Early Greek coinage, which had its origins on the coast of Asia Minor, had been produced from the alloy electrum, but was abandoned by most city-states when silver became the preferred metal for the majority of coinage. Some city-states did however continue to produce coinage in electrum and the issues of Kyzikos are perhaps the most famous and spectacular of these.
Kyzikos was a rich trading city-state, due to its location between the Aegean and the Black Sea. Its coinage of electrum staters, a clear expression of its wealth, were produced between about 550-350 B.C. The coins always possess an impressive obverse type, the reverses bearing a quadripartite incuse square, and the flans are invariably thick and, at times, exist in a variety of shapes.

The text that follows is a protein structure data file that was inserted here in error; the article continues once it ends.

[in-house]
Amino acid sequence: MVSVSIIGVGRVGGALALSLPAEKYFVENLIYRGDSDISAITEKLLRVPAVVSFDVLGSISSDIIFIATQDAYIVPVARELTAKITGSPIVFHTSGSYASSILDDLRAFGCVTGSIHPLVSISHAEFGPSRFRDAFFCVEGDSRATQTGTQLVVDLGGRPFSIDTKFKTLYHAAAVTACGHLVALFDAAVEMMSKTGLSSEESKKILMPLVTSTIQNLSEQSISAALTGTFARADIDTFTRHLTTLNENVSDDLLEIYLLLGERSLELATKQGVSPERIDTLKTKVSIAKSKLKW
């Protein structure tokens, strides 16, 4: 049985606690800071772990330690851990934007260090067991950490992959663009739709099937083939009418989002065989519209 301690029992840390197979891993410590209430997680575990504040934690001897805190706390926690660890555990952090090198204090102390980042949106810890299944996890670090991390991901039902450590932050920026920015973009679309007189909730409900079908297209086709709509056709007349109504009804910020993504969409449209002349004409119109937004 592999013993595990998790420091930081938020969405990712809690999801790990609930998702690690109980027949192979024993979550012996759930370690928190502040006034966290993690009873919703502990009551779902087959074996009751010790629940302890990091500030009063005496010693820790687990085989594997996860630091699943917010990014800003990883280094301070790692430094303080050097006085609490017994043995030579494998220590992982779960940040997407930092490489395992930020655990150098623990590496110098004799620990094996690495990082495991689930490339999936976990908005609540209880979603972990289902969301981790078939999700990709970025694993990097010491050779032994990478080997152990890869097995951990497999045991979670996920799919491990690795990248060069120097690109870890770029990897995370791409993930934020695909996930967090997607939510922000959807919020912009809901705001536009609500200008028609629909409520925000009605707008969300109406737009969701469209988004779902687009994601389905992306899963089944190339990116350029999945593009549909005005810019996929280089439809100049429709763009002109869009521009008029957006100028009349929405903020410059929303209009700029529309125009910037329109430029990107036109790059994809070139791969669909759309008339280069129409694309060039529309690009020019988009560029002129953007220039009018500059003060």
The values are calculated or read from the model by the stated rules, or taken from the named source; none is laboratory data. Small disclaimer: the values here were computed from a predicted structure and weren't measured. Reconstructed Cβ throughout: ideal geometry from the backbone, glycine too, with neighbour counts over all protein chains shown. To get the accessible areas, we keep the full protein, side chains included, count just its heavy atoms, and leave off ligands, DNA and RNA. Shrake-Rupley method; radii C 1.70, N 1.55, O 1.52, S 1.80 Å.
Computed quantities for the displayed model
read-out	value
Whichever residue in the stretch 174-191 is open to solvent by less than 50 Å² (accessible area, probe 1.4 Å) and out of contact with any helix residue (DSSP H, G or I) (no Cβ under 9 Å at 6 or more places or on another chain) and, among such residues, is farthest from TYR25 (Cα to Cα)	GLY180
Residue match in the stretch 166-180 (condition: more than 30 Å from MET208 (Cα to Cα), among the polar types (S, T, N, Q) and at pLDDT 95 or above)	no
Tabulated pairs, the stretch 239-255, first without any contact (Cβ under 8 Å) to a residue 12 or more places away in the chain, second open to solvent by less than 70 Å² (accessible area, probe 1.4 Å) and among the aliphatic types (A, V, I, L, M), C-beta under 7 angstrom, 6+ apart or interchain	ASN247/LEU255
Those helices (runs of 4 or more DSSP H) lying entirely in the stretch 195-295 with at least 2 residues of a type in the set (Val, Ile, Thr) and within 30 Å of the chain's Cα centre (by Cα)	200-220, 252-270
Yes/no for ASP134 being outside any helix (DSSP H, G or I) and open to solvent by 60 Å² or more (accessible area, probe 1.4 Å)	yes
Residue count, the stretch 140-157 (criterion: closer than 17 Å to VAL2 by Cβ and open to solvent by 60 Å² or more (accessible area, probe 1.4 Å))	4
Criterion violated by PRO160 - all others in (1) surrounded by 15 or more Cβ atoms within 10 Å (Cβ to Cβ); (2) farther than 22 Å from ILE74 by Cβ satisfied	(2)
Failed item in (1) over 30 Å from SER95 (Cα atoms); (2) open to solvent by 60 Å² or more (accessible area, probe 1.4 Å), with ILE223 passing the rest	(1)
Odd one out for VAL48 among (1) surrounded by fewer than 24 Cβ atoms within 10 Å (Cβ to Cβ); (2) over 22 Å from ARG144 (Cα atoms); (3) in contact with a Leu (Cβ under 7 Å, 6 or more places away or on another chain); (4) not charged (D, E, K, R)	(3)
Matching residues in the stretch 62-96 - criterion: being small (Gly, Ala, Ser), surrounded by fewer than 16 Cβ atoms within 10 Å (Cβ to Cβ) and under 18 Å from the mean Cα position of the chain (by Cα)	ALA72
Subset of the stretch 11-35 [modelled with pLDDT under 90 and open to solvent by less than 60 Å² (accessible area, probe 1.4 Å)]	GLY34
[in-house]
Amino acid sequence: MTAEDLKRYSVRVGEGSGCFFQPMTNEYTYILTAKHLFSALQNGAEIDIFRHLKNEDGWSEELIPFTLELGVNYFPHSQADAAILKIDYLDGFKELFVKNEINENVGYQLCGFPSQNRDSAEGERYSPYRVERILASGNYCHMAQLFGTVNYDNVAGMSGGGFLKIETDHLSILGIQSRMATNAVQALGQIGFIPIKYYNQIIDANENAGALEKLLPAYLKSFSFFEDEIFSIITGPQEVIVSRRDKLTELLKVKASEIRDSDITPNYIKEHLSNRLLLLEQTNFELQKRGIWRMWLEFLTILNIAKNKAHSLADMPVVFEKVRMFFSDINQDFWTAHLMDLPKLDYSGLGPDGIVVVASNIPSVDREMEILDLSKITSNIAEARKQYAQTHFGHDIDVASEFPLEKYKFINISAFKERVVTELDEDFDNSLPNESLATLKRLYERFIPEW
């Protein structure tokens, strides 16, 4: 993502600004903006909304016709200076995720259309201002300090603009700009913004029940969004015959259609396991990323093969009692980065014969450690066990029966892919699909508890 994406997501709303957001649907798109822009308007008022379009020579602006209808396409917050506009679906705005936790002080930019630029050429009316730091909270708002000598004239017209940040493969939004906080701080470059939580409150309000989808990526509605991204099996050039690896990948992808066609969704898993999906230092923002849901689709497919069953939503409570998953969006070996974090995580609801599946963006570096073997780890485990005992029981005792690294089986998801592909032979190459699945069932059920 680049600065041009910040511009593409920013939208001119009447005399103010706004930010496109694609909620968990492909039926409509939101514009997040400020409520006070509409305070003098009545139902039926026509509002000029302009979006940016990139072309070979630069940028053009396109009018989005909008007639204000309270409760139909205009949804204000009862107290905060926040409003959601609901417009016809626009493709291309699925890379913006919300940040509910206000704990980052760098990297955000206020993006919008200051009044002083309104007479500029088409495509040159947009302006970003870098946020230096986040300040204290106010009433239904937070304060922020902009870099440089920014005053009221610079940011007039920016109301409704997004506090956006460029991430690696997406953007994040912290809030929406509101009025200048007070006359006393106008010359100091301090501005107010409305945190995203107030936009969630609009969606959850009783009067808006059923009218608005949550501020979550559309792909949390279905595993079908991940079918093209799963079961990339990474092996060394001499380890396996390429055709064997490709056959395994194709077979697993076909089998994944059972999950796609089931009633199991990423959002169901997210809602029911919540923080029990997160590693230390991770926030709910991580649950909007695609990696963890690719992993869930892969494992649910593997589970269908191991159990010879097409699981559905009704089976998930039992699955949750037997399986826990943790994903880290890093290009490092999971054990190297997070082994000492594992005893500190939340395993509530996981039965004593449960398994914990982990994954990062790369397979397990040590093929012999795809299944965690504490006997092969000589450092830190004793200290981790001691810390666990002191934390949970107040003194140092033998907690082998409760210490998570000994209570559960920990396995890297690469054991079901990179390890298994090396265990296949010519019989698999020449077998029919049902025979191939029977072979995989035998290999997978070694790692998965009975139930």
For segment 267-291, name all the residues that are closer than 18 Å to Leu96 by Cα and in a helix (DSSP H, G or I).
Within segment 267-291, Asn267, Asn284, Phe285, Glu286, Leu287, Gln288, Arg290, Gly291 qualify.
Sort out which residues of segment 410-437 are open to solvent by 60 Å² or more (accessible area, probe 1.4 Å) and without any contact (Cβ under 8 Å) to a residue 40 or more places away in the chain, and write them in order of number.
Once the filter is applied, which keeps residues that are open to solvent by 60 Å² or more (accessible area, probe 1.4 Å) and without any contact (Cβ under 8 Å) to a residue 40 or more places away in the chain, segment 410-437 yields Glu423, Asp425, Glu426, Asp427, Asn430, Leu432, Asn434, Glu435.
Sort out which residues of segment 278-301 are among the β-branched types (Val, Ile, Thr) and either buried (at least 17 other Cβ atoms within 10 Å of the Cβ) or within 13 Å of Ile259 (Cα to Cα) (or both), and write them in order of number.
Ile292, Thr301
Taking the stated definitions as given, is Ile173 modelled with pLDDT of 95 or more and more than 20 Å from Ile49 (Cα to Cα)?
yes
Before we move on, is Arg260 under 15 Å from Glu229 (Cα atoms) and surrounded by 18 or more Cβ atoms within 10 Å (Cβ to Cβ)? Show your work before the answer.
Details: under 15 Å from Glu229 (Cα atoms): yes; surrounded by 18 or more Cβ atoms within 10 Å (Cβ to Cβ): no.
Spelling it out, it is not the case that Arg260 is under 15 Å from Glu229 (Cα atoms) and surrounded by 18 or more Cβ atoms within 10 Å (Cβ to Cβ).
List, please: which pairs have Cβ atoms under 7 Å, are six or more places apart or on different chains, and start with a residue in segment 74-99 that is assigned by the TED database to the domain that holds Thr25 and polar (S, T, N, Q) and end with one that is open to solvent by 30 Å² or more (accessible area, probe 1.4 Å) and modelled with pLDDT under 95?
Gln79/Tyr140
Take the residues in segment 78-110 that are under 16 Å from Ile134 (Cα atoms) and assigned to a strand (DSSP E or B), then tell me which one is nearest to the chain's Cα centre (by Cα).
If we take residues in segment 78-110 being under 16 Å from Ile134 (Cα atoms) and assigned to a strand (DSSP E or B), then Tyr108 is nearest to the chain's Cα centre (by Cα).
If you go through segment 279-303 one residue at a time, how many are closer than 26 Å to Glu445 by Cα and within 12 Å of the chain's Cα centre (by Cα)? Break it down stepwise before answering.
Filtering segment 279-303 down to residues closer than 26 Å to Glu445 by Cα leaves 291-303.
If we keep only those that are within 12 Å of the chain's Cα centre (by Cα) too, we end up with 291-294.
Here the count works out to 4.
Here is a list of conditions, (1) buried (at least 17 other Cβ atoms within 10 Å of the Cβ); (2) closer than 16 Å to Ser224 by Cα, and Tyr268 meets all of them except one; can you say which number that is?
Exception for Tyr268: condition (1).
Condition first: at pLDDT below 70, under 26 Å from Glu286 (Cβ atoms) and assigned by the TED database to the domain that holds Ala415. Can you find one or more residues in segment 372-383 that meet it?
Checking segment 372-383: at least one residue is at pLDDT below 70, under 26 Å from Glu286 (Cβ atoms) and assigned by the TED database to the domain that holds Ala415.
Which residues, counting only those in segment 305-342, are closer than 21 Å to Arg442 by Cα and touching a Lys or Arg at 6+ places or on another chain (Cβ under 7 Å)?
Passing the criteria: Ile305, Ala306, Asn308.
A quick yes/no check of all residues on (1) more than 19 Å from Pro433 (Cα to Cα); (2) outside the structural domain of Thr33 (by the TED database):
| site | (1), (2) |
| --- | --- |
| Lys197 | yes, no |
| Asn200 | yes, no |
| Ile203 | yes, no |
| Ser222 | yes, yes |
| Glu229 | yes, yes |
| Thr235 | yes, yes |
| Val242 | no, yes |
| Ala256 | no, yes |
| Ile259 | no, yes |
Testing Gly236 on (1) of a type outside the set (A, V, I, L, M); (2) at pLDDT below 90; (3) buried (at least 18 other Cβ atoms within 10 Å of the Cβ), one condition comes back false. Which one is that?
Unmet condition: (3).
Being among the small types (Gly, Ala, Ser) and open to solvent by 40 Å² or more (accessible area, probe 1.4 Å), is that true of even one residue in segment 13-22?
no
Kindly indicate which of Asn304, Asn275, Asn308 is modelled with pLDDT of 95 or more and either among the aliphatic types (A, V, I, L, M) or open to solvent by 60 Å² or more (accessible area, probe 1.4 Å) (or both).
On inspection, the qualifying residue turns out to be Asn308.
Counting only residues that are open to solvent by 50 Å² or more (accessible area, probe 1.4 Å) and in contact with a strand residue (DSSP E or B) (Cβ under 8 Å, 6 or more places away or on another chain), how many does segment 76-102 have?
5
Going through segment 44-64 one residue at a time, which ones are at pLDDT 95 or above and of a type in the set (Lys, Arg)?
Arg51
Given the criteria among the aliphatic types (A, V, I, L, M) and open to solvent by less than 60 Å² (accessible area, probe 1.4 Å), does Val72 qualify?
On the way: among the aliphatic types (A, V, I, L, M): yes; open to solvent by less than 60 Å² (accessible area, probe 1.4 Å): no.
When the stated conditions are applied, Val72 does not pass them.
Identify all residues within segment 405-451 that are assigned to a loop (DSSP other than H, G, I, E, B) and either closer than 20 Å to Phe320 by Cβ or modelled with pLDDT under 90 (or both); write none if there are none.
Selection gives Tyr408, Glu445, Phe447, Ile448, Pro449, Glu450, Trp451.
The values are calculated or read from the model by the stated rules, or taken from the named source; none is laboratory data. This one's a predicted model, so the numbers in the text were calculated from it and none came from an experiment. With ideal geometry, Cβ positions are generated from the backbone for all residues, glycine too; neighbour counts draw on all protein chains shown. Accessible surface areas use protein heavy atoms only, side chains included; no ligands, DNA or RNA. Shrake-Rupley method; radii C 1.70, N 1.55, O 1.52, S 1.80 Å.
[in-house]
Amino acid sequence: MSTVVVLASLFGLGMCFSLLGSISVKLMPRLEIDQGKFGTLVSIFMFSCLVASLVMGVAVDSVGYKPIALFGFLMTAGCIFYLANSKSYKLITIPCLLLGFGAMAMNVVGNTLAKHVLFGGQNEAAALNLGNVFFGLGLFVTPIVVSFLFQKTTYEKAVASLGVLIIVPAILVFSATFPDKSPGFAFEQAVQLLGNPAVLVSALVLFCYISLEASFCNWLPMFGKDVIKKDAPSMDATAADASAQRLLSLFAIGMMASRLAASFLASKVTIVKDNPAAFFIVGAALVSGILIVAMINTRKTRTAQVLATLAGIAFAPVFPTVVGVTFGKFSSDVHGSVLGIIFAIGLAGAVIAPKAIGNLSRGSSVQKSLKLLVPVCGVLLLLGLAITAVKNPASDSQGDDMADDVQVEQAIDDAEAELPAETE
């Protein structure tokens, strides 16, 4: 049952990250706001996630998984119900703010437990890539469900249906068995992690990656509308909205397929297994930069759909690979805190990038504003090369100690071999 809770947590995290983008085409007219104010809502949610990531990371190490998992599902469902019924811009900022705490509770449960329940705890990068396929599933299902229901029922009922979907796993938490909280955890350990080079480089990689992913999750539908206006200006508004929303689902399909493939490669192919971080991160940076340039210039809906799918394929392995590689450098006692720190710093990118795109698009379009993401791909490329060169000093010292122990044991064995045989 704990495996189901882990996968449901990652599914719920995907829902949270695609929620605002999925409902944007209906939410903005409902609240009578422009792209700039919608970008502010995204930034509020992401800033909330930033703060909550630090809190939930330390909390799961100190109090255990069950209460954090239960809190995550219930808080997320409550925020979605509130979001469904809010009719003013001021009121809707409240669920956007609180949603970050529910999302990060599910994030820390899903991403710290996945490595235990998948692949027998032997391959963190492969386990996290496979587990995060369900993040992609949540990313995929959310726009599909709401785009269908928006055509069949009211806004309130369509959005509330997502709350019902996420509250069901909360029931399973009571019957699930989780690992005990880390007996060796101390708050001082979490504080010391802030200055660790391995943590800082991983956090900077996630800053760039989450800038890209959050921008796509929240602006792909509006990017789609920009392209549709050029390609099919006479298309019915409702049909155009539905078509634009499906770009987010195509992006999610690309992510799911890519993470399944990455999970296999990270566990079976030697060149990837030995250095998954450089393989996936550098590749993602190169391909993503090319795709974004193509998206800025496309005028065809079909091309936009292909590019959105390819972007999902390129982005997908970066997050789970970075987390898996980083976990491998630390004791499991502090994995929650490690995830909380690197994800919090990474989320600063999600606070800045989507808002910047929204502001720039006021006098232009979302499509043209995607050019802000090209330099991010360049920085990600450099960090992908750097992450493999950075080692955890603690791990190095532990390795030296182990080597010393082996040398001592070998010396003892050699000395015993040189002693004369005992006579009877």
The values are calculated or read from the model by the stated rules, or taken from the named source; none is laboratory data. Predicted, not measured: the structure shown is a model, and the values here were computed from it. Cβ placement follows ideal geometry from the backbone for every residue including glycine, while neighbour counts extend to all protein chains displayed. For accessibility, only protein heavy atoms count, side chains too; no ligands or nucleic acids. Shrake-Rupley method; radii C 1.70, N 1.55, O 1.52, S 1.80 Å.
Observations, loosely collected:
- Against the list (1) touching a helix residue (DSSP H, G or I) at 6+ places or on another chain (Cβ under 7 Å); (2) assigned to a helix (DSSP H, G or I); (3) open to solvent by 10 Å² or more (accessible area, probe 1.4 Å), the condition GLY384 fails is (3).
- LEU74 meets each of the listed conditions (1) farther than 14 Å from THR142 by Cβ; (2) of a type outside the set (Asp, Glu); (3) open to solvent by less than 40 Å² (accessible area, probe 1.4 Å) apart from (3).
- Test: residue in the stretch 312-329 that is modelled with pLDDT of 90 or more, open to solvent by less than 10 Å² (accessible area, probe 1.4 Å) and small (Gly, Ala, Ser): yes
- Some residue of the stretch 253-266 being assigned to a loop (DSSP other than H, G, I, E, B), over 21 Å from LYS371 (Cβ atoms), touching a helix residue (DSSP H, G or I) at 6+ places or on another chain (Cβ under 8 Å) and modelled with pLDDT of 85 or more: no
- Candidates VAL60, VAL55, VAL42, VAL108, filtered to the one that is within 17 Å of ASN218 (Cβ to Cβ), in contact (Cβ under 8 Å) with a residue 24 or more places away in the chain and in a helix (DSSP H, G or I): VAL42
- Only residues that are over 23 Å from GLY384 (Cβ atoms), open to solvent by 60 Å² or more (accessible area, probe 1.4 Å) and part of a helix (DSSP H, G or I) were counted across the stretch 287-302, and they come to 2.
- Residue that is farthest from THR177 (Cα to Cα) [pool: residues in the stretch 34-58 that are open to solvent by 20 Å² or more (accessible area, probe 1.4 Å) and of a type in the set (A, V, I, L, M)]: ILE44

Mysia, Kyzikos. EL Stater 16.01gm., c.500-450 BC. Naked male kneeling left, tunny fish in each hand. Rev: Quatrapartite incuse square. (Von Fritze 70; Baston 1478) Very Fine. £6,750